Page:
The exact wording given to the evaluators was this: “Please give grades to the following pictures according to their attractiveness, considering 0 as extremely unattractive and 10 as extremely attractive. The grades can be marked at any point of the scale, as shown in the example. The transition of pictures is automatic. There will be 10 pictures of each person, which will be displayed, at first all together for 20 seconds, and then in random order, one by one, for 15 seconds each. The grading must be done when they are displayed one by one. It is not allowed to reevaluate the pictures.” The evaluators were not told at any point which characteristics would be altered in the pictures.

To compensate for printing distortions on the VAS sheet, the first VAS of each page was measured, and each score was adjusted proportionally.

Statistical analysis

Statistical analysis was made with software (version 20; IBM, Armonk, NY). The normality of the sample was checked with Shapiro-Wilk and Kolmogorov-Smirnov tests. Descriptive statistics used frequencies, means, standard deviations, maximums, and minimums ( Table I ).

Table I
Demographic distribution of the sample by groups
Group n Sex Age (y)
Male Female Mean Minimum Maximum
Orthodontists 60 20 40 37.82 ± 08.67 25 58
Dentists 60 20 40 37.98 ± 06.21 29 55
Patients 60 17 43 30.85 ± 07.95 20 55
Laypersons 60 14 46 29.12 ± 12.83 18 59
Total 240 71 169 33.94 ± 10.02 18 59

Repeated-measures analysis of variance (SPANOVA) with the Tukey post hoc test at a 5% significance level was conducted, considering 1 between-groups (evaluator group) and 3 within-subjects (smile model sex, incisal step, and gingival contour exposure) factors. To determine the effect size (partial eta squared) and the significance level of the SPANOVA, the Greenhouse-Geisser test was performed. The Huynd-Feldt correction was applied to adjust the degrees of freedom of the F tests, and therefore the P value wherever there was violation in the sphericity on Mauchly’s test. This was also 1 more action to control the tendency of increase in the type I error during the comparisons.

These analyses verified not only the isolated influence of each factor but also the effect of its interactions. The partial eta squared results for each factor or interaction show the proportional quantification of its participation on the esthetic perception, excluding the other factors.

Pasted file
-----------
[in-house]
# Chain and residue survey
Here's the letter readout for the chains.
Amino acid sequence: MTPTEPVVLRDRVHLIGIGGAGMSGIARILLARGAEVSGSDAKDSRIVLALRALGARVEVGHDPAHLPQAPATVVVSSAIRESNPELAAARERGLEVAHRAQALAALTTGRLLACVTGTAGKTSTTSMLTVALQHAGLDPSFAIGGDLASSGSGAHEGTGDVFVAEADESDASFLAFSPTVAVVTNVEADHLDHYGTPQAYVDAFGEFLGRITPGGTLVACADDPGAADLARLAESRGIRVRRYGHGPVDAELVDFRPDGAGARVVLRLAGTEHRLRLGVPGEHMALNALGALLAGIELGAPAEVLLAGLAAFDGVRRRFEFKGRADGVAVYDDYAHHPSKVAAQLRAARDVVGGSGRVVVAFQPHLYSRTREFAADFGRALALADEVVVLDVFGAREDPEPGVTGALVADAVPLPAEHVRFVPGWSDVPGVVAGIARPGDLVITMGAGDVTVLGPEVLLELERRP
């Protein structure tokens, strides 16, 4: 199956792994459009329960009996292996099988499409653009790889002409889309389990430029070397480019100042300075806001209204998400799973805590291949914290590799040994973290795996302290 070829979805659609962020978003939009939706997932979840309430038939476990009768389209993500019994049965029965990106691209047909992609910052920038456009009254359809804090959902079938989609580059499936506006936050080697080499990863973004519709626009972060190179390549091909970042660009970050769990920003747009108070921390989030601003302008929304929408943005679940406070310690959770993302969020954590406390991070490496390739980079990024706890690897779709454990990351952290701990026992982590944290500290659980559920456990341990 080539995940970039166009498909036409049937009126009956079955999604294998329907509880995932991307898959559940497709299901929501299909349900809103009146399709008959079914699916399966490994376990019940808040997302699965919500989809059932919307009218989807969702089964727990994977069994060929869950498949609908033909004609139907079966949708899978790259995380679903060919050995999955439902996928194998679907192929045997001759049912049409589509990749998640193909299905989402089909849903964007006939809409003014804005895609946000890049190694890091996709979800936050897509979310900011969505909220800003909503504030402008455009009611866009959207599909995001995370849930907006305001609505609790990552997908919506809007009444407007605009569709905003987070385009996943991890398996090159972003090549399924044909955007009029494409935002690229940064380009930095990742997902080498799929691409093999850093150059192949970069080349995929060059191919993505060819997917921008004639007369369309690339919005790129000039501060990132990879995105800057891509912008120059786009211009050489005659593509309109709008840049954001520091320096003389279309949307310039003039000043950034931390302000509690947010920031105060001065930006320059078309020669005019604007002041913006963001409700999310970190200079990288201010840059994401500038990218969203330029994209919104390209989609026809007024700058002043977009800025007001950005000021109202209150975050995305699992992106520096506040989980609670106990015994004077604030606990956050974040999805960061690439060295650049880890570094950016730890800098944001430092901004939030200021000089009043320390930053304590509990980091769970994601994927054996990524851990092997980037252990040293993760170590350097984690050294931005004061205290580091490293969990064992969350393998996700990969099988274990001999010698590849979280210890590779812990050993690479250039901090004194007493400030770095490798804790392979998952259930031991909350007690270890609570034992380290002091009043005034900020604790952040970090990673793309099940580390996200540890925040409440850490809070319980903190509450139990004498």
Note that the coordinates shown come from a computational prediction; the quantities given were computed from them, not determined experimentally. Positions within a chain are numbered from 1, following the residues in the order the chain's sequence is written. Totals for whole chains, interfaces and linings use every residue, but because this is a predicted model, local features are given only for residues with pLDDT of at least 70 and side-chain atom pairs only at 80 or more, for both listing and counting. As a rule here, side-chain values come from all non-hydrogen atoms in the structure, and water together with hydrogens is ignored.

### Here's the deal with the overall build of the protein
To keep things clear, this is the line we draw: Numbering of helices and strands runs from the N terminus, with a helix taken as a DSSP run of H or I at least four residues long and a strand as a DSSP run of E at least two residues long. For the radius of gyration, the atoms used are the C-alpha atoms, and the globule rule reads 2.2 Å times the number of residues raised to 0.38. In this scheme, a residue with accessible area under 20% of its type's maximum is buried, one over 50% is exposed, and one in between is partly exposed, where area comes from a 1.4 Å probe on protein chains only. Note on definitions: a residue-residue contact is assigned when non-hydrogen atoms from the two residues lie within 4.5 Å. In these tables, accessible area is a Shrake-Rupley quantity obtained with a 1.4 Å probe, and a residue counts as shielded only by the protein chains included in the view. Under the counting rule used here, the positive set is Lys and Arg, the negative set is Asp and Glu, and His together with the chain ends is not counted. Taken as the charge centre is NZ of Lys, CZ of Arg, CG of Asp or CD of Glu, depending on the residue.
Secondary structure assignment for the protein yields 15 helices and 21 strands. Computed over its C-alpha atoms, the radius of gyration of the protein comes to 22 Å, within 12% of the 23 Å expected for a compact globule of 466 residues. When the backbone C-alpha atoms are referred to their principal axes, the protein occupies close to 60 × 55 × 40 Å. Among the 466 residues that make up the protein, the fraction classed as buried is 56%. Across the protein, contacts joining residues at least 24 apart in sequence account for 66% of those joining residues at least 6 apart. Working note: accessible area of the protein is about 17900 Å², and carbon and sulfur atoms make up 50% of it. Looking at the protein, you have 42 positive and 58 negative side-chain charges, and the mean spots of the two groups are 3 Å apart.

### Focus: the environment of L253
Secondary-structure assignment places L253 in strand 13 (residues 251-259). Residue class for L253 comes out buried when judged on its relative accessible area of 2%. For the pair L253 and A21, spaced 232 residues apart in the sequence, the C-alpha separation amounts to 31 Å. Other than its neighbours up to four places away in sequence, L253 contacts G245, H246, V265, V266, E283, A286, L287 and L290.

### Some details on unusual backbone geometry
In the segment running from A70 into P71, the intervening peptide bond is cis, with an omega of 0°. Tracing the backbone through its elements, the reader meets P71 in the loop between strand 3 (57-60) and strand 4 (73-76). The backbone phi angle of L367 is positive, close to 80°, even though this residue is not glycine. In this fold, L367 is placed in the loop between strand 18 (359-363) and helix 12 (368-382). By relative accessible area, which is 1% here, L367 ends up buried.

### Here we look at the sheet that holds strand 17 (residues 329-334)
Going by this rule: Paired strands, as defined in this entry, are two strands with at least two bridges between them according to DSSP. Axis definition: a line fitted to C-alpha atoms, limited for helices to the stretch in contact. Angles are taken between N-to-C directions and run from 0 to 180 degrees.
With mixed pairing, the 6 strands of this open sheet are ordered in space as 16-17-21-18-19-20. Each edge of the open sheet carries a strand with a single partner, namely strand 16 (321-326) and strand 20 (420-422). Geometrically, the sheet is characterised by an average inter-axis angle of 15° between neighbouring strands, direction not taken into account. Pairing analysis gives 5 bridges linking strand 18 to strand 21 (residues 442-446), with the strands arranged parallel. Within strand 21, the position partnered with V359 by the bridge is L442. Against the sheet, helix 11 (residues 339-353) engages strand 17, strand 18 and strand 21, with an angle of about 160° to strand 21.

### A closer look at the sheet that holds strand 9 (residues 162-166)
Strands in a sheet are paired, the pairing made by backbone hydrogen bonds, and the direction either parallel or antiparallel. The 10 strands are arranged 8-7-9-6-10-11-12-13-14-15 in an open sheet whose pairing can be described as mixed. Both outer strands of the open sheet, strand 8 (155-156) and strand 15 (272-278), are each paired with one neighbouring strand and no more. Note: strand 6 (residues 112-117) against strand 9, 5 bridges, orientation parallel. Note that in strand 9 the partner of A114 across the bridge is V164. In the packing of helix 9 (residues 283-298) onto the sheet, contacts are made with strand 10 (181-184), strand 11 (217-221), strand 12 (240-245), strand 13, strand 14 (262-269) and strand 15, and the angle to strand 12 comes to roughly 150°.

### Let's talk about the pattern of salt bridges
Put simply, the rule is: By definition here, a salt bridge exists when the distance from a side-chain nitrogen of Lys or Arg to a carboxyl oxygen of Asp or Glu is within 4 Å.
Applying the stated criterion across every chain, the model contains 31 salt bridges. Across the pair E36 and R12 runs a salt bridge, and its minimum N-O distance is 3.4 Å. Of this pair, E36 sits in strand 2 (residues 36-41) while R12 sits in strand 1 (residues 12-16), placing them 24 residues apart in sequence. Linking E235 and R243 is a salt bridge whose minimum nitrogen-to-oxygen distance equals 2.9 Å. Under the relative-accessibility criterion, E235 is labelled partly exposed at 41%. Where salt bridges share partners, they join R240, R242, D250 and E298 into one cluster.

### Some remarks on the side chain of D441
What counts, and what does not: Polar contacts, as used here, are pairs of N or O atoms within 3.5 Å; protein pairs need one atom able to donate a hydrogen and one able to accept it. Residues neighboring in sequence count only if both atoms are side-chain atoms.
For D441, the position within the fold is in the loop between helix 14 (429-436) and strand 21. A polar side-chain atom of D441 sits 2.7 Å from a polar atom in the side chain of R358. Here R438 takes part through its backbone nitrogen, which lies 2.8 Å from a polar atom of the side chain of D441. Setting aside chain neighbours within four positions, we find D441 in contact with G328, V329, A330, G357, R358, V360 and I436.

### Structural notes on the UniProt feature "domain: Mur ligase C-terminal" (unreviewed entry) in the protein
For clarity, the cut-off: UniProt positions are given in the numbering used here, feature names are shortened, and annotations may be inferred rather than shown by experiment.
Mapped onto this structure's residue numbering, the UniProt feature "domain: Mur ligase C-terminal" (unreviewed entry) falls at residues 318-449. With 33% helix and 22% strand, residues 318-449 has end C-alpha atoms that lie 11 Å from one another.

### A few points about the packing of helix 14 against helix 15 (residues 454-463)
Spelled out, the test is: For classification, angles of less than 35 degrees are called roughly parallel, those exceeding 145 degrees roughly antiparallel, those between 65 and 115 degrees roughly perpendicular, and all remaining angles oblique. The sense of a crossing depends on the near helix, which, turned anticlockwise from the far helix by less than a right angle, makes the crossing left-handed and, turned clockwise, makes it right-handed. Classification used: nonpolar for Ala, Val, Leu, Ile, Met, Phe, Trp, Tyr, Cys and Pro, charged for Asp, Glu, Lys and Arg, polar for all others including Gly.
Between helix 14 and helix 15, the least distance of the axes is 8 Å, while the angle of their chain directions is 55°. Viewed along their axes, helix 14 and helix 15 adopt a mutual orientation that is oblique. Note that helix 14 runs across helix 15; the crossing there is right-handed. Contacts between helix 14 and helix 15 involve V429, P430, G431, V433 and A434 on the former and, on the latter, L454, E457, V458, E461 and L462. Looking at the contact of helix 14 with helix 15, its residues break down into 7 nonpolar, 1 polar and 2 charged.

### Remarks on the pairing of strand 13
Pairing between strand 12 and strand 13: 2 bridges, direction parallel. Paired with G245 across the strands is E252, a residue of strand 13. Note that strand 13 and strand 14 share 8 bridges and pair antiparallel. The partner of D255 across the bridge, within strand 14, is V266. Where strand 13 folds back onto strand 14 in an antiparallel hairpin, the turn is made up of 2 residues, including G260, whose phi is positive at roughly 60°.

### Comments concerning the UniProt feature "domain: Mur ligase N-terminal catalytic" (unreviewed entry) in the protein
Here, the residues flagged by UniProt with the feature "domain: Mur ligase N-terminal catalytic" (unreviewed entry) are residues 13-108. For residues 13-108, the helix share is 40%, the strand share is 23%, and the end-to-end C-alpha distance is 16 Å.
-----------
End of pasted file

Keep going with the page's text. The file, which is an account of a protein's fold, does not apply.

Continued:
Three judges from each group were asked to reevaluate the 20 photographs at least 2 months after the first test. A correlation test was taken, and a coefficient of 0.833 (83.3%; 95% confidence interval, 0.782-0.872) was found, ensuring reliability.


The sample was composed of 240 evaluators ( Table I ), 29.6% men and 70.4% women.

The means for each picture, grouped and divided by the evaluator group, are shown in Table II . The highest ranked pictures without gingival exposure were the 1.0-mm step for both sexes. For the pictures with gingival exposure, the 0.0-mm step for the smile of the man and the 0.5-mm step for the smile of the woman received the highest grades.

Table II
Mean scores for each picture (per group and total)
Picture Orthodontists Dentists Patients Laypersons Total
MN00 57.06 ± 18.28 64.58 ± 15.85 71.57 ± 16.68 69.19 ± 16.16 65.60 ± 17.56
MN05 55.30 ± 20.24 65.59 ± 14.72 73.81 ± 14.48 70.41 ± 15.01 66.27 ± 17.57
MN10 67.72 ± 17.82 68.34 ± 18.67 73.60 ± 15.13 68.90 ± 17.72 69.64 ± 17.43
MN15 64.65 ± 17.50 70.30 ± 13.98 71.56 ± 16.22 70.43 ± 14.22 69.24 ± 15.69
MN20 61.11 ± 18.81 70.50 ± 14.52 69.61 ± 17.20 66.23 ± 17.96 66.86 ± 17.48
ME00 65.26 ± 15.37 69.85 ± 16.32 73.70 ± 17.22 75.87 ± 14.95 71.17 ± 16.40
ME05 64.55 ± 15.83 67.47 ± 13.34 75.50 ± 14.75 70.79 ± 14.96 69.57 ± 15.20
ME10 68.05 ± 19.13 67.45 ± 16.06 76.19 ± 14.54 68.28 ± 17.20 69.99 ± 17.09
ME15 67.08 ± 19.93 68.60 ± 15.04 69.92 ± 16.45 72.09 ± 14.33 69.42 ± 16.58
ME20 56.61 ± 18.84 66.06 ± 14.73 67.45 ± 17.93 69.89 ± 14.39 65.00 ± 17.02
FN00 40.10 ± 16.76 53.61 ± 15.13 61.37 ± 22.43 58.16 ± 19.41 53.31 ± 20.23
FN05 53.18 ± 15.38 61.23 ± 16.42 68.62 ± 18.38 60.38 ± 18.89 60.85 ± 18.07